A HAMPSHIRE hospital is to host the first national centre for Lyme disease, a vicious infection that can attack the nervous system.

Dr Matthew Dryden, consultant microbiologist at Winchester’s Royal Hampshire County Hospital (RHCH), will head the National Lyme Disease Clinic from September.

While the Health Protection Agency report fewer than 2,000 cases of Lyme disease per year in the UK, the number is on the rise and Hampshire is a hot spot.

Dr Dryden is a leading authority on the disease which is spread by tick bites. He has seen 508 confirmed cases over his 20-year career at the RHCH.

He said: “We do get to see quite a lot of patients here but we don’t have a proper clinic.It will be the first national Lyme disease referral service.”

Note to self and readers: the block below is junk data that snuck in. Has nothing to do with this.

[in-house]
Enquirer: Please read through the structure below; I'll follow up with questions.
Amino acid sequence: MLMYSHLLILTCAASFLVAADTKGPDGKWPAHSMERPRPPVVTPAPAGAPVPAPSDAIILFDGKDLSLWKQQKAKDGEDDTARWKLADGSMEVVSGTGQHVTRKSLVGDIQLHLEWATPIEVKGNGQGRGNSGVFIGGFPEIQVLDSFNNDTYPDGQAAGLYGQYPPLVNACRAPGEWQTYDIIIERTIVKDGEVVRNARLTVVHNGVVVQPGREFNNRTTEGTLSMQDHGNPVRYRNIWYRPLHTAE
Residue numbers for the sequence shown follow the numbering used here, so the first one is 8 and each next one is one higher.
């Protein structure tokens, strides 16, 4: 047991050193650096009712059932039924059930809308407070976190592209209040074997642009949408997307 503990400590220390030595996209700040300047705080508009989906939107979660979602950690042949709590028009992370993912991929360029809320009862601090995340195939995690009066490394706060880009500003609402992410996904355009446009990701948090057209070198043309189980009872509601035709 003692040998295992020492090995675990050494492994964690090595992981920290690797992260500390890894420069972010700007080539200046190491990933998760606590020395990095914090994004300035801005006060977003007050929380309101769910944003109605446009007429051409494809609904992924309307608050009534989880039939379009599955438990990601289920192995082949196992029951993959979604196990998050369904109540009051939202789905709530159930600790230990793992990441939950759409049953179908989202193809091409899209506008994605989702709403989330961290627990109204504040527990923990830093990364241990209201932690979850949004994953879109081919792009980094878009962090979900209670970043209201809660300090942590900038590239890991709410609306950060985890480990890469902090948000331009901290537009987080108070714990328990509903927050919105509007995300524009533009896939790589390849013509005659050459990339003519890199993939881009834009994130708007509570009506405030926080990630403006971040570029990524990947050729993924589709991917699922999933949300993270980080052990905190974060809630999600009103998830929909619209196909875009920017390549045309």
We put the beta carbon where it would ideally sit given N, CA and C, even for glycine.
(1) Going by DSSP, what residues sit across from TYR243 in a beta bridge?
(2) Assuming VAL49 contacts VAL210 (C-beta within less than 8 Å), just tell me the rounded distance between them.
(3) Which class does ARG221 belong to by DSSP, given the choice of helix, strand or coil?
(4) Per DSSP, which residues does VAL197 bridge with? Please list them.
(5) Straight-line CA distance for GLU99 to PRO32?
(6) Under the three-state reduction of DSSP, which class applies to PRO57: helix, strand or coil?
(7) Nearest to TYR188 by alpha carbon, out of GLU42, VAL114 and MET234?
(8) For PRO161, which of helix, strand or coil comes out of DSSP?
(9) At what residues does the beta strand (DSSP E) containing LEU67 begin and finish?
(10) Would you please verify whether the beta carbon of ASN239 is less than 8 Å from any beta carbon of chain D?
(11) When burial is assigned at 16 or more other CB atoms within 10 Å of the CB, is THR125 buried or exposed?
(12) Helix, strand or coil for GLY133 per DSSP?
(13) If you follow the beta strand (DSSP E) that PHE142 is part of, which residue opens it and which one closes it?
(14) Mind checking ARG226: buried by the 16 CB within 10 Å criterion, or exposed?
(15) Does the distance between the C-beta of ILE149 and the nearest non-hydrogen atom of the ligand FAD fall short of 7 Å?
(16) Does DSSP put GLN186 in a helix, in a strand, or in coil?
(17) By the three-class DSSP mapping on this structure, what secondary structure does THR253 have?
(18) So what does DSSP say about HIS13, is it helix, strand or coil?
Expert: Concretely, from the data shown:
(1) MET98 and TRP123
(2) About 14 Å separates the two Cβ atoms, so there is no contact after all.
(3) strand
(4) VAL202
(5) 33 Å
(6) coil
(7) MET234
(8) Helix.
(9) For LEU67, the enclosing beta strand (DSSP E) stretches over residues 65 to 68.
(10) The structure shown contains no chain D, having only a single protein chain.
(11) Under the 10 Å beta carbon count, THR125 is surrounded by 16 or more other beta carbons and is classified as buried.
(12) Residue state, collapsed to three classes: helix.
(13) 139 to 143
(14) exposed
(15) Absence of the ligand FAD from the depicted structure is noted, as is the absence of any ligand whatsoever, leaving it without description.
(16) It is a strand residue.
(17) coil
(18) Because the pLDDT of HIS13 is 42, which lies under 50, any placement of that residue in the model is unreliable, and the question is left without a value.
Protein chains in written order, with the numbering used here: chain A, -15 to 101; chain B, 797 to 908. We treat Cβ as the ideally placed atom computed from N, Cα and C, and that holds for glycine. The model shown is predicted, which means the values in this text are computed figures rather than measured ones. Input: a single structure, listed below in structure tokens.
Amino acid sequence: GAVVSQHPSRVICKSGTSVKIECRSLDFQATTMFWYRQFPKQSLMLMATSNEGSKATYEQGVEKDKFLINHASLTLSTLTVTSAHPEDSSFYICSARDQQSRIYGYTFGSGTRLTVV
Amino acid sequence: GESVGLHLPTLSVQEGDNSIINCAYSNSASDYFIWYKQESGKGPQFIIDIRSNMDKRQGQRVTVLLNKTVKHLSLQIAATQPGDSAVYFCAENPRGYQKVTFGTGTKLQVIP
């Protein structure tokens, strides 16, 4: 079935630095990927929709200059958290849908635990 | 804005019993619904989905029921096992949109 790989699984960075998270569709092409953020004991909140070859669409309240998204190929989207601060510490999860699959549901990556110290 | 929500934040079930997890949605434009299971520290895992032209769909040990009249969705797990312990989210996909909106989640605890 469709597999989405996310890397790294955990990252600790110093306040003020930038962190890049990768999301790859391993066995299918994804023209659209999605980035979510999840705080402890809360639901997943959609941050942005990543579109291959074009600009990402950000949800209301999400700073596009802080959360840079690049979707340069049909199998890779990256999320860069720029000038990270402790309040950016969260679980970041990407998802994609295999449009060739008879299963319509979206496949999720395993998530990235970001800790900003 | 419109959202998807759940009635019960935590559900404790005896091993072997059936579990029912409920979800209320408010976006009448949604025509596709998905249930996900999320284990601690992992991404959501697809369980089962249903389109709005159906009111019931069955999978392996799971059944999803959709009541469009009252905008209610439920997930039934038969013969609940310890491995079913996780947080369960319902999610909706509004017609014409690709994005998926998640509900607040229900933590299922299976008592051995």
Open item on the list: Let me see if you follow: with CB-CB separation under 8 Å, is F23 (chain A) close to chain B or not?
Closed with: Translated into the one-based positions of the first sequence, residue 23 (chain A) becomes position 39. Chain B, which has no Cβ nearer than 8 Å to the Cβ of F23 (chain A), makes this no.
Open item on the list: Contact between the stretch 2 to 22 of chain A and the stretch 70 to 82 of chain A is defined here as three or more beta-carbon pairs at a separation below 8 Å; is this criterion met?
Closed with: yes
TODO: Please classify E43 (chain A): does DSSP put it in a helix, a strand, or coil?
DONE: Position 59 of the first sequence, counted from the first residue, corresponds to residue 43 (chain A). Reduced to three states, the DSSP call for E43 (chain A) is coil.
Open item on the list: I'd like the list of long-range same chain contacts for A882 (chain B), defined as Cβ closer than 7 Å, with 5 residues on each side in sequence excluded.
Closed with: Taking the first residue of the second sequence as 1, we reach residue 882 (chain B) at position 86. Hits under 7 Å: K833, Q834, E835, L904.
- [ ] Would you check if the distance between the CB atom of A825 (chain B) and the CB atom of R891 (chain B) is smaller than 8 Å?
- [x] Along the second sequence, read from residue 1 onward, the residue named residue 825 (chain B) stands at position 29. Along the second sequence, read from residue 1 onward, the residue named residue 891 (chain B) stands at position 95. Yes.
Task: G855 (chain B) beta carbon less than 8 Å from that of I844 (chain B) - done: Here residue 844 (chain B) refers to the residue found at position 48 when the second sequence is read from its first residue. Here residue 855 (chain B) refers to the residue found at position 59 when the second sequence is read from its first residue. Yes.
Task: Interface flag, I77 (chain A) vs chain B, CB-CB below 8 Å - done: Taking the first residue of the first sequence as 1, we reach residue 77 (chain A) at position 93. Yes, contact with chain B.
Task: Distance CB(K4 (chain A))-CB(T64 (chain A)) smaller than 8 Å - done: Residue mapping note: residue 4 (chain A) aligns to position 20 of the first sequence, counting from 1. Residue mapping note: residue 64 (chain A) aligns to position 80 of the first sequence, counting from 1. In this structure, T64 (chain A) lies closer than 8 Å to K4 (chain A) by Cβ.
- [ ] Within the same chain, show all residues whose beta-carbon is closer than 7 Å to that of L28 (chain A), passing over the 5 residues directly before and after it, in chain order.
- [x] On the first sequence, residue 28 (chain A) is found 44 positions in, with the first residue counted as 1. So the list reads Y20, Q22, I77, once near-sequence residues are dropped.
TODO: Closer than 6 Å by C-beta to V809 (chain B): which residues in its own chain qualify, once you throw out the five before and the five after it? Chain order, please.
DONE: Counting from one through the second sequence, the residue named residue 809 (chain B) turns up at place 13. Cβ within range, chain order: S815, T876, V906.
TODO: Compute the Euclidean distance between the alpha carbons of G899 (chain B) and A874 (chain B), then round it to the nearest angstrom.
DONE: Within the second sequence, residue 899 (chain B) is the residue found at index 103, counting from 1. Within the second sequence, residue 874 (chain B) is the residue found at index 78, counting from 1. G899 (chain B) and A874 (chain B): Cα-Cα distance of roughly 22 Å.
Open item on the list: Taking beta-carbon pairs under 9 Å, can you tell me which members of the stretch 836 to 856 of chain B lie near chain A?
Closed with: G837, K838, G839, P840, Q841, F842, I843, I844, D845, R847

Dr Dryden believes the increase may be down to more people living in wooded areas, such as the New Forest.

The first symptom is a red circular skin rash which may subside after a week or two. A high temperature, muscle and joint pain may then follow.

Most infections are not serious but in extreme cases it can cause paralysis, encephalitis and meningitis.

It is caused by the bacteria Borrelia burgdorferi,found in the digestive system of deer, pheasants and mice. When a tick bites an animal carrying this bacteria, they can become infected with it.

The tick can transfer the bacteria by biting humans.

Leslie Fretton, 68, has just been diagnosed with Lyme disease. The retired carpenter, who lives near Andover, believes he was bitten in his garden.

He said: “Just over two months ago my arm swelled up. After about five days it started to go down.I have felt rough ever since then.”

His symptoms included pins and needles in his hands and feet, trouble swallowing and walking.

“I could not move out of my bed, it absolutely drains you.”